Teen speeding is a concern for almost 80 percent of parents.
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Teens are more likely to speed and to allow less distance between themselves and the car in front of them — a dangerous practice.1 Overall, 43 percent of drivers ages 16 to 18 speed, compared with 30 percent of the general population. However, teen speeding is more common for certain groups, in certain locations, and with certain driving behaviors.
Male teens are more likely to die in speeding accidents than female teens by a difference of 45 percent. This isn’t surprising, as men pay more for car insurance in most states because of their higher propensity for speeding and at-fault accidents.
|Sex of drivers age 15-20||Percentage of speeding drivers in fatal crashes in 2019|
Some states have more traffic fatalities related to teen speeding than others. Hawaii has the most: 83 percent of all its teen motor vehicle deaths from 2015 to 2019 were related to speeding. Speeding caused the majority of teen motor vehicle deaths for 20 states, and half of them for four states.
|State||Fatalities related to teen driver speeding in 2015-19 (high to low)|
Mississippi has the lowest rate: In this state, only 1 in 5 teen traffic fatalities are related to speeding.
Only about 3 in 10 speeding-related fatal crashes for teens involve alcohol, which is the lowest percentage for any age group except 75 and older. However, we know that teen drivers have the highest crash rates of any age group, which implies that most of their crashes are not due to driving under the influence, but inexperience.
|Ages of speeding drivers involved in fatal crashes in 2020||No alcohol use||BAC over 0.08%|
|75 and older||87%||10%2|
Teens are slightly more confident than parents about their ability to control speed.
|Parents “moderately” or “extremely” confident in their teens’ speed control||Teens “moderately” or “extremely” confident in their own speed control|
According to our survey, 78 percent of parents are “slightly” to “extremely” concerned about teen driver speeding, while 1 in 5 aren’t concerned at all.
|Parents’ concern level about teen drivers’ speeding||Percentage of responses|
|Not at all concerned||22%|
|Slightly or somewhat concerned||61%|
|Moderately or extremely concerned||17%|
While speeding is dangerous for everyone, it’s worse for teens, because they have little driving experience and typically can’t react quickly to dangerous situations.
Teens are slightly more likely than the average across all age groups to crash fatally in roadway departures as opposed to rollovers. Nearly 7 in 10 speeding-related motor vehicle deaths of teens from 2015 to 2019 involved roadway departures.
|Ages of drivers in speeding-related fatal crashes in 2015-19||Percentage of crashes involving roadway departure||Percentage of crashes involving rollover|
|50 and older||52%||26%|
On average, 46 percent of teen speeding crashes involved young drivers not wearing seat belts.
|Age||Percentage of fatally injured teen drivers in speeding-related crashes who were unrestrained|
While most teens wear seat belts every time they drive, 16 percent do not, making injuries and fatalities more likely for them in crashes.
|How often do teen drivers wear their seat belts, compared to how often their parents think they do?||Percentage of parents’ responses||Percentage of teens’ responses|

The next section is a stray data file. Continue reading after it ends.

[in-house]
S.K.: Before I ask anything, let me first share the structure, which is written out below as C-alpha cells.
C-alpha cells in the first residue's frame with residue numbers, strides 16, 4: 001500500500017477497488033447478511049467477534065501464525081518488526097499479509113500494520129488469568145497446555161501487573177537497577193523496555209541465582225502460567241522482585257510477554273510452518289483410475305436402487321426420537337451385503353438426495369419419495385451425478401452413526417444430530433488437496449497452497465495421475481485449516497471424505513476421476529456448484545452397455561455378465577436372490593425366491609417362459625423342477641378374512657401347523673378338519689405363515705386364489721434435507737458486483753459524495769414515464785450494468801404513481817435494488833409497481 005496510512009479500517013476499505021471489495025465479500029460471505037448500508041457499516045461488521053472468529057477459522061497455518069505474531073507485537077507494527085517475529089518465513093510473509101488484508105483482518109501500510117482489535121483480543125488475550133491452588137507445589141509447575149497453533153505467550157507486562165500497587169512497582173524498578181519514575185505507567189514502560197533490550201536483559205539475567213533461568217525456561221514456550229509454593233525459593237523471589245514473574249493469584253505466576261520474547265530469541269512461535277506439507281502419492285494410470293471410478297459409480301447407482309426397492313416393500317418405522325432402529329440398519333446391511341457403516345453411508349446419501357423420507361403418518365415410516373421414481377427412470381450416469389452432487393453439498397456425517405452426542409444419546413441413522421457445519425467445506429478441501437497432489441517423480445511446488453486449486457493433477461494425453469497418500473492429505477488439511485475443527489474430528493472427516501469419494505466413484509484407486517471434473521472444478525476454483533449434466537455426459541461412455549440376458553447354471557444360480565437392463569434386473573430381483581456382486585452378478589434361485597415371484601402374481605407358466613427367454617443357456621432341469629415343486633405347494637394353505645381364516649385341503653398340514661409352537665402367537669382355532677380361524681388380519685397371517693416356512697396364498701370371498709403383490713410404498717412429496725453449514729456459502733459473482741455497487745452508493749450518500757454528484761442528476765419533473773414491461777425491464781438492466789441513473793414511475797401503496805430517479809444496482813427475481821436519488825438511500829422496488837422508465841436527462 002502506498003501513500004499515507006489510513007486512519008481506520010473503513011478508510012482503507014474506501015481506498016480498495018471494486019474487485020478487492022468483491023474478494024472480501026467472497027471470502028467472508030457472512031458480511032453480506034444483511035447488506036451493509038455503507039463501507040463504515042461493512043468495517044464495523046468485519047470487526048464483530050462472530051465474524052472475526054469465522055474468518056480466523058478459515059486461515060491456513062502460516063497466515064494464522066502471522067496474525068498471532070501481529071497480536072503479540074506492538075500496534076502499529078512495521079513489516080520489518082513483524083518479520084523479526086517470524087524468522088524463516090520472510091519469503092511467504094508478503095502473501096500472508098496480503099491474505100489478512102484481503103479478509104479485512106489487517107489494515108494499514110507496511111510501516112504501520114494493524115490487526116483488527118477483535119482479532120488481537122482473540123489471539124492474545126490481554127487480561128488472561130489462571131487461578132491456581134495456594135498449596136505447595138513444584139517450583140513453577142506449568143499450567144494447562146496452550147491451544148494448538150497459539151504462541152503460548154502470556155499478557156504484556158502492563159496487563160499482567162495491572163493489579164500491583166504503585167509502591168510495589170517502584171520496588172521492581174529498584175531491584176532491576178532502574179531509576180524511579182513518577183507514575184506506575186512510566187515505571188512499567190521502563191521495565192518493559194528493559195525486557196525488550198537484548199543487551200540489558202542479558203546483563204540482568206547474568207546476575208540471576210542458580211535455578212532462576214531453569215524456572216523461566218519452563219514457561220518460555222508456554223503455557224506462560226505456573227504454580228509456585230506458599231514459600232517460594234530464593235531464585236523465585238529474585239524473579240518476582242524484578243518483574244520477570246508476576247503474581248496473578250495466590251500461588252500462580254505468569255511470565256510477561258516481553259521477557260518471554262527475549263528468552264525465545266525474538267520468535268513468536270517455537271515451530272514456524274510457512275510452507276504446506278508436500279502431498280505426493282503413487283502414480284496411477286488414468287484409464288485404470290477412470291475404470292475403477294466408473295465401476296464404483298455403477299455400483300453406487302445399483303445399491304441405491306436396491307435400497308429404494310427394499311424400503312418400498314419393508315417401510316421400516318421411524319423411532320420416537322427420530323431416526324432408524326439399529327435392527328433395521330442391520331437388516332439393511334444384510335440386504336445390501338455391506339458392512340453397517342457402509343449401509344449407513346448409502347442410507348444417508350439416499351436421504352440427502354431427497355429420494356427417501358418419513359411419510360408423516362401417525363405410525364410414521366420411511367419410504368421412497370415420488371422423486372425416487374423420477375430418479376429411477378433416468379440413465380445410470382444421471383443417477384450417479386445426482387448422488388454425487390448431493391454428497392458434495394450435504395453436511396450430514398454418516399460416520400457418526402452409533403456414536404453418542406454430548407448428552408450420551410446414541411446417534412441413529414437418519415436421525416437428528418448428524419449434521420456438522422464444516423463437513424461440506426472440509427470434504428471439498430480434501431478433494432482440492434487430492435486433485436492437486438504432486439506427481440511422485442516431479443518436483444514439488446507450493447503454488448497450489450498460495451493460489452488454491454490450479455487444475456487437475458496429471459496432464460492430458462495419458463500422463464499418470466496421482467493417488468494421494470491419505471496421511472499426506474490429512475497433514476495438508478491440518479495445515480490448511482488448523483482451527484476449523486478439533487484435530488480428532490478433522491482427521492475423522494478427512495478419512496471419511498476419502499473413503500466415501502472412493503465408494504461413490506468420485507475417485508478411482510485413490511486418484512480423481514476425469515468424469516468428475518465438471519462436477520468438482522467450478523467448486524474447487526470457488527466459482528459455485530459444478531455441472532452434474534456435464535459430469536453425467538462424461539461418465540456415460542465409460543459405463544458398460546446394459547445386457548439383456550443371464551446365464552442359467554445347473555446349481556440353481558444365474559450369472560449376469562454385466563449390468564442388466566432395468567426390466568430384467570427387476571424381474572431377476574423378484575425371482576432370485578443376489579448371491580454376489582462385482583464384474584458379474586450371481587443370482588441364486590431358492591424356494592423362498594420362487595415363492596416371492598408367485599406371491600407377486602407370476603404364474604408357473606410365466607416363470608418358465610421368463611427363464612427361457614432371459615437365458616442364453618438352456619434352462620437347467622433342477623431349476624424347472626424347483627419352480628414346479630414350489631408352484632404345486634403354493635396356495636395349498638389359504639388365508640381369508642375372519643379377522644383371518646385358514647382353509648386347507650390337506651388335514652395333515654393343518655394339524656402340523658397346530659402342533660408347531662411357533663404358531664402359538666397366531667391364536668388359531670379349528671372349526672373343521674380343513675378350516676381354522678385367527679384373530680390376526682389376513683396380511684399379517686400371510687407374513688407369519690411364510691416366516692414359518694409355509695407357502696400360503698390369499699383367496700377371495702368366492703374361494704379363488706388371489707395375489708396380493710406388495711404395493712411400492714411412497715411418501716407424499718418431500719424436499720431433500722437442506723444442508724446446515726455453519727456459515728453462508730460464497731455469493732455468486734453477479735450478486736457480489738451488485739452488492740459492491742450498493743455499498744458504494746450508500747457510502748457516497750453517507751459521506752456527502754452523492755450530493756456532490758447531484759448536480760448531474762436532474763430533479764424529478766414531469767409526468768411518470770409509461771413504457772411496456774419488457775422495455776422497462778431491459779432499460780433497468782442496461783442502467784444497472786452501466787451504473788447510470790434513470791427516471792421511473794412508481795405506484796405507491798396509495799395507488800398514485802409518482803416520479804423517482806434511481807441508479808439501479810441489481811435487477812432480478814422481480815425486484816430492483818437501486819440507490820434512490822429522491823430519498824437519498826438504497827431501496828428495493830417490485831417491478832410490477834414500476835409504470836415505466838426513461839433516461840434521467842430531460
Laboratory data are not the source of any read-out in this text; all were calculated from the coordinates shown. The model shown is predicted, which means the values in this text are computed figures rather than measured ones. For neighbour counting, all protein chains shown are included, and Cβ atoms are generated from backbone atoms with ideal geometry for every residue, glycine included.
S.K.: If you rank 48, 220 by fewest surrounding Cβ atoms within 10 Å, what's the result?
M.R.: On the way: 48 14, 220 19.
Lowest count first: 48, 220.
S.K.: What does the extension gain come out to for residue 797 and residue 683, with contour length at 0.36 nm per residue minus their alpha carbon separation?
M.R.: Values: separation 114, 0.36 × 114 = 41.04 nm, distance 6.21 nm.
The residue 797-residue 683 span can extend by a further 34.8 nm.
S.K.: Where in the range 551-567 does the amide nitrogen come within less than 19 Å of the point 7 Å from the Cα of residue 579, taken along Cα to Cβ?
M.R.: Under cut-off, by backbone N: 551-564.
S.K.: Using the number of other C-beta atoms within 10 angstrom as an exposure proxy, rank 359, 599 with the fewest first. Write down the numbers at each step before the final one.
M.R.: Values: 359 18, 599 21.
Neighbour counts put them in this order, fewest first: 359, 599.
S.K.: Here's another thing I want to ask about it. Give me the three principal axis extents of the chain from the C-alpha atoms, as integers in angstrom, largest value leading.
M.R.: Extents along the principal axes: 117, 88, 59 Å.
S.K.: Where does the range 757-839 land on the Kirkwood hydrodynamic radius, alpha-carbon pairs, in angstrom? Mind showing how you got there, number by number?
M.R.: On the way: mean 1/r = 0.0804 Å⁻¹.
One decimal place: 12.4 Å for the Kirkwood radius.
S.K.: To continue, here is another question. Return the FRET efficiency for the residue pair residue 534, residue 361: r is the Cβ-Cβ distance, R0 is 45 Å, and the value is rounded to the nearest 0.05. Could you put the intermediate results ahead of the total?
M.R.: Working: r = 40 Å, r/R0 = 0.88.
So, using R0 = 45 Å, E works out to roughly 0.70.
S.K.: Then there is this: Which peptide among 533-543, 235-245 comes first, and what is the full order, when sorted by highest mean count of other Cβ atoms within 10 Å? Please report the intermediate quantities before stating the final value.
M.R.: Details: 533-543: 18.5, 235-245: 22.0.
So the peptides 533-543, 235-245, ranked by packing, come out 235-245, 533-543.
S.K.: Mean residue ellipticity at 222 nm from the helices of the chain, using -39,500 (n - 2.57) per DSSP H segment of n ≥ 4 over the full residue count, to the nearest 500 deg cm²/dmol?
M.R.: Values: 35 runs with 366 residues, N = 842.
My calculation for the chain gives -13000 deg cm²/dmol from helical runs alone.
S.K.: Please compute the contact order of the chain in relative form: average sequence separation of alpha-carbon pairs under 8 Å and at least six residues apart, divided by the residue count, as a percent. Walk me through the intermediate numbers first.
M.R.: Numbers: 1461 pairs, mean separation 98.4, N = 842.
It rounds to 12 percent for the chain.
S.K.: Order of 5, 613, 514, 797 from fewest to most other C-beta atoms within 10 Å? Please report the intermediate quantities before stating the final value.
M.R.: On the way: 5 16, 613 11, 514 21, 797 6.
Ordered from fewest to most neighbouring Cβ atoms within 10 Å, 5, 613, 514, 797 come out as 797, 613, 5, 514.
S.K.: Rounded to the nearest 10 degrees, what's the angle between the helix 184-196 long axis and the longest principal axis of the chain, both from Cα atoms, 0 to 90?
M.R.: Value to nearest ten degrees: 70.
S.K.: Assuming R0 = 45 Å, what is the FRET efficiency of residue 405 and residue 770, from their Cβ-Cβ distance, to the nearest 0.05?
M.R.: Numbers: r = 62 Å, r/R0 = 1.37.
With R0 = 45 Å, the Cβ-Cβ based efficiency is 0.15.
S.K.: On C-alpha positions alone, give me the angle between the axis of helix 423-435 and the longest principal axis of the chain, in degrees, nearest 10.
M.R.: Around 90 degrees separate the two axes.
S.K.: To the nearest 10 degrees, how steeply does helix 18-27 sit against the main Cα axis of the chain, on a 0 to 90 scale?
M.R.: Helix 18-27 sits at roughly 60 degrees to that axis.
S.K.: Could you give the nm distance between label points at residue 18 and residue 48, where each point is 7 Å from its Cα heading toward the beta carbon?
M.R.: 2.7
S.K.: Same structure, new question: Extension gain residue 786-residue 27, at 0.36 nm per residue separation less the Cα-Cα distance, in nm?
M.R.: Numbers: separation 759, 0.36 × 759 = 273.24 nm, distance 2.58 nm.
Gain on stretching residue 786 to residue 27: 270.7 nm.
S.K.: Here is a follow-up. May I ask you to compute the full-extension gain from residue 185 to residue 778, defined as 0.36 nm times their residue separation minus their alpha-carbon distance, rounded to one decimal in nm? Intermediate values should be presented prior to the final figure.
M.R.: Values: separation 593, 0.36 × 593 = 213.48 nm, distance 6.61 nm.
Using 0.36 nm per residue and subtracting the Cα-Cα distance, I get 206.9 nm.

|Almost every time||18%||8%|
|Never or almost never||1%||4%|
Most fatal crashes of teens that involve speeding occur on non-freeway arterial roads, at an average of 44 percent for 2015 to 2019. Specifically, 16- and 17-year-olds were most likely to die on collector or local roads.
|Age of drivers in speeding-related fatal crashes in 2015-19||Freeway||Non-freeway arterial road||Collector/local road|
|20 and older||22%||48%||29%3|
If you want to protect your teen driver and their passengers, consider drawing up a parent-teen driving agreement for each of you to sign, or enroll them in driving school.
We conducted two surveys: one of parents and one of teen drivers ages 16 to 18.
The parent survey questioned 243 parents of teens ages 13 to 19 on SurveyMonkey from April 26 to May 3, 2022. Here are the ages of the respondents’ children by percentage:
|How old is/are your teenage child or children? Select all that apply.||Responses|
We ran the teen survey via Pollfish on April 26 and 27, 2022. We received 250 responses from males (48 percent) and females (52 percent) ages 16 through 18.
We supplemented our original data with third-party research from these national organizations:
According to 2020 data from the National Safety Council, the age group of drivers that crashes the most is 16 to 19. They have the highest rate of all types of crashes, and of motor vehicle deaths due to crashes.
|Age group||2020 rate of motor vehicle deaths per 100,000 licensed drivers||2020 rate of all motor vehicle crashes per 100,000 licensed drivers|
|75 and older||24||3,369|
As of 2020, the leading cause of death among teenagers (ages 13 to 19) in the United States is unintentional injuries from accidents, including car crashes. The death rate is 17 per 100,000 teenagers, according to data from the Centers for Disease Control and Prevention.
According to the Insurance Institute for Highway Safety from 2019, teenage girls are better drivers than teenage boys. Male teens are 13 percent more likely to be involved in crashes than female teens.
|Age group||Males involved in crashes in 2019||Females involved in crashes in 2019|
The observed effects of teenage passengers on the risky driving behavior of teenage drivers. ScienceDirect. (2005, April 14).
Speeding. NSC Injury Facts. (2022).
Teens and Speeding Breaking. GHSA. (2021, February 16).